Can my patient with Covid-19 get reinfected?

Patients with prior history of Covid-19 have been shown to get reinfected, sometimes less severe and sometimes more severe than the first bout.1-3 What we don’t really know is how often reinfection actually occurs, either with or without symptoms.

Symptomatic reinfection with genetically distinct SARS-CoV-2 following Covid-19 has been reported from several countries, including the USA. 1  A case series of 4 patients (age range of 33-51 y) found the severity of second infection ranging from asymptomatic to more severe disease requiring hospitalization.  First infection was mild in these cases with an intervening period of 48-142 days.1  BNO News, a Dutch website, lists many more “officially confirmed cases” as well as over a thousand “suspected reinfection cases”.4

Reinfection with Covid-19 in at least some people should not be too surprising. Some may have a suboptimal immune response to the first infection (eg with mild infection) that may be short-lasting, while others may have a better response.  Even in those with adequate response, SARS-CoV-2 antibodies may drop rapidly (half-life 36 days according to one study).3 Immunity to several other seasonal respiratory coronaviruses (cousins of SARS-CoV-2) also seems short lived (as short as 6 months).5 How much other arms of the immune system besides antibodies (eg, T cell immunity) play a role in conferring longer lasting immunity remains unclear.

These findings suggest that we cannot rely on natural infection to provide us individual or herd immunity.  Immunization is likely a better answer!

Bonus Pearl: Did you know that preliminary reports suggest that antibody loss with Covid-19 is more rapid than that found for SARS-CoV-1, the agent of SARS pandemic of 2003?3

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  1. Iwasaki A. What reinfections mean for COVID-19. Lancet Infect Dis 2020. Published online October 12, 2020.
  2. Tillett RL, Sevinsky JR, Hartley PD, et al. Genomic evidence for reinfection with SARS-CoV-2: a case study. Lancet Infect Dis 2020. Published online October 12, 2020.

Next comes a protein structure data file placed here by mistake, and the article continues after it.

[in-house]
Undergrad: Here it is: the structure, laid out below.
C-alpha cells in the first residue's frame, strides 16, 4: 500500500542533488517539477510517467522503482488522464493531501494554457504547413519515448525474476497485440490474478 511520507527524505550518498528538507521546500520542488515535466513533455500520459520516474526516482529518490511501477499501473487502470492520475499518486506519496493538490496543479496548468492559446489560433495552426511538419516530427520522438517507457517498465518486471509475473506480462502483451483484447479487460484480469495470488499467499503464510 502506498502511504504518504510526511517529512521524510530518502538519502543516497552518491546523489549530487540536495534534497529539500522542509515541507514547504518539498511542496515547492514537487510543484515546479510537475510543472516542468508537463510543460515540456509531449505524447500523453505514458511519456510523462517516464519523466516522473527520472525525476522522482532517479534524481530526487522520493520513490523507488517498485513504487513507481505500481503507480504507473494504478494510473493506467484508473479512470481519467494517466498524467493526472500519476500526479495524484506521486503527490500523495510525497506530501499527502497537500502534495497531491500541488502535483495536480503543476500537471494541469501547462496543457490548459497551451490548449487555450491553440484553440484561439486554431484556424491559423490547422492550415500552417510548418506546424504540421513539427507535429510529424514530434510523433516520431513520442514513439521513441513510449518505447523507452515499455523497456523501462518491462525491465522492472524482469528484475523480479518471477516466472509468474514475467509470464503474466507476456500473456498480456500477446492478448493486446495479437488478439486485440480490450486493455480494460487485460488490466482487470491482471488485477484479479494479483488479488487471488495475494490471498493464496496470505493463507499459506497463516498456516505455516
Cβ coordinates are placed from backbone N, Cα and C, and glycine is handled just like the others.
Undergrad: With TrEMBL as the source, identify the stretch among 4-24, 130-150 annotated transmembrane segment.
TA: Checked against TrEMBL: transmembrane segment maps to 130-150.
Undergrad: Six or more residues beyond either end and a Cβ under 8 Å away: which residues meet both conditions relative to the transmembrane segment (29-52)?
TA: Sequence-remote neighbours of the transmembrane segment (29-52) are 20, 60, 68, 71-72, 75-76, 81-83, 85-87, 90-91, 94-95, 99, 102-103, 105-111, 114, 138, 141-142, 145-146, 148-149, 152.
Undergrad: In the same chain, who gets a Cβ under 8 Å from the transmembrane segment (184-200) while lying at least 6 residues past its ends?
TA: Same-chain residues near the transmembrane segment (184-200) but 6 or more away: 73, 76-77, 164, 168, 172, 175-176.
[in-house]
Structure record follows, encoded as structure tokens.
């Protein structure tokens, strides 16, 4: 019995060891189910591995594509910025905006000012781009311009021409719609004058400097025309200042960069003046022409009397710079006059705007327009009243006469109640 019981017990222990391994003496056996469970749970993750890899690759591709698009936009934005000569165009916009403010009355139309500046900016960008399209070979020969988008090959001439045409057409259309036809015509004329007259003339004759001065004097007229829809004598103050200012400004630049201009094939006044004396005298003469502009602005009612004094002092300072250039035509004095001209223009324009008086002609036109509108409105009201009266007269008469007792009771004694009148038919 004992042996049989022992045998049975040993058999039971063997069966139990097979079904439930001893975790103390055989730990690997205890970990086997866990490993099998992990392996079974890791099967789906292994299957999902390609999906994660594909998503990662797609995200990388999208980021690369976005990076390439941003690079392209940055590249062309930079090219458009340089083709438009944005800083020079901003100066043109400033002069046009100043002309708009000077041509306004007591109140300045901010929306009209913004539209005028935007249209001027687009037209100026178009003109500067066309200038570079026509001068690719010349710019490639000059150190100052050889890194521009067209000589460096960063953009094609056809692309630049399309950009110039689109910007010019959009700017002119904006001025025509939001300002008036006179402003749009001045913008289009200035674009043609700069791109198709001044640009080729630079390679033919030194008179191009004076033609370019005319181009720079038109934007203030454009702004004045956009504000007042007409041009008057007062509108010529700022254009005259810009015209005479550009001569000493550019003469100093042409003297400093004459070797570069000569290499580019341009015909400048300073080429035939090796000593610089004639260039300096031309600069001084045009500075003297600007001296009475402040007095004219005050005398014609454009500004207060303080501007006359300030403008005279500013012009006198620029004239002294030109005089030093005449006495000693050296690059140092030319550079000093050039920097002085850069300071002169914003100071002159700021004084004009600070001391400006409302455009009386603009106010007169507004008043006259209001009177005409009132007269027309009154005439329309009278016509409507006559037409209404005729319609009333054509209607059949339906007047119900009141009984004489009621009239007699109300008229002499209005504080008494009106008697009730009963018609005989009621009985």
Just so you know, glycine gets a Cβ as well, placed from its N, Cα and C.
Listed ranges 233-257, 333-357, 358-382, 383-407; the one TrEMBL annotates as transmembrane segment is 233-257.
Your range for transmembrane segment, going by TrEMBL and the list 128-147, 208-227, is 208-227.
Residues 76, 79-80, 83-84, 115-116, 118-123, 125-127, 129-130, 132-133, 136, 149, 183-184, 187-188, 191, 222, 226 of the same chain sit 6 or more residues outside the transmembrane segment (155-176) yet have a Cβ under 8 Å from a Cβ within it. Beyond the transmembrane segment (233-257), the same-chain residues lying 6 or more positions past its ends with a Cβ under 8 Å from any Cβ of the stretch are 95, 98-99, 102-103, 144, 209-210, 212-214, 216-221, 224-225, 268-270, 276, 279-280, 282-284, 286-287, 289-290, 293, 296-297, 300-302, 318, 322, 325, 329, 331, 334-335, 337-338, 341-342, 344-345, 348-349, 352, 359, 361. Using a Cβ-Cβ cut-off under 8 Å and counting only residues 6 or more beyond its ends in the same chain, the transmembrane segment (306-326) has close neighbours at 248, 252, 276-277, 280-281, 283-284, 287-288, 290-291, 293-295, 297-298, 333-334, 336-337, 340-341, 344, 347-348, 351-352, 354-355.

3. Ibarrondo J, Fulcher JA, Goodman-Meza D, et al. Rapid decay of anti-SARS-CoV-2 antibodies in persons with mild Covid-19. N Engl J Med 2020; September 10.
  4. Kunzman K. Contagion Live. October 12, 2020. Accessed Dec 23, 2020.
  5. Edridge AWD, Kaczorowska J, Hoste ACR, et al. Seasonal coronavirus protective immunity is short-lasting. Nature Medicine 2020;26:1691-93.

Disclosures: The listed questions and answers are solely the responsibility of the author and do not necessarily represent the official views of Mercy Hospital-St. Louis or its affiliate healthcare centers. Although every effort has been made to provide accurate information, the author is far from being perfect. The reader is urged to verify the content of the material with other sources as deemed appropriate and exercise clinical judgment in the interpretation and application of the information provided herein. No responsibility for an adverse outcome or guarantees for a favorable clinical result is assumed by the author. Thank you!



Can my patient with Covid-19 get reinfected?

Can my patient contract influenza more than once in a season?

It’s not common but reinfection with influenza can definitely occur, either due to the same viral strain, or due to a different one altogether.

One study reported influenza reinfection due to H1N1 in otherwise healthy patients within 12-20 days of the original infection after an apparent period of full recovery. 1 There was no evidence of resistance to oseltamivir among isolates and all patients recovered after the second infection.

Reinfection with the same viral strain within 2-3 weeks of the initial bout of influenza shouldn’t be too surprising since it takes 4-7 weeks for antibody response to the infection to peak. 2 Reexposure to the same circulating strain of influenza virus (the season can last 6 weeks or longer) can then result in reinfection when the body hasn’t had enough time to make significant amount of protective antibodies following the first infection.

Another explanation is that more than 1 strains of influenza virus often circulate during any given season.   This places patients at risk of infection due to strains of influenza virus that do not confer significant cross-immunity between each other,  resulting in getting “the flu twice in 1 season.” 3


  1. Perz CM, Ferres M, Labarca JA. Pandemic (H1N1) 2009 reinfection, Chile. Emerg Infect Dis 2010;16:156-57.
  2. Treanor JJ. Influenza viruses, including avian influenza and swine influenza. In: Mandell GL, Bennett JE, Dolin R, eds. Principles and practice of infectious diseases. 7th ed. New York: Elsevier; 2010. p 2265-2293.
  3. Rettner R. Can you get the flu twice in 1 season? Scientific American, LiveScience, February 4, 2018. . Accessed February 5, 2018.


Can my patient contract influenza more than once in a season?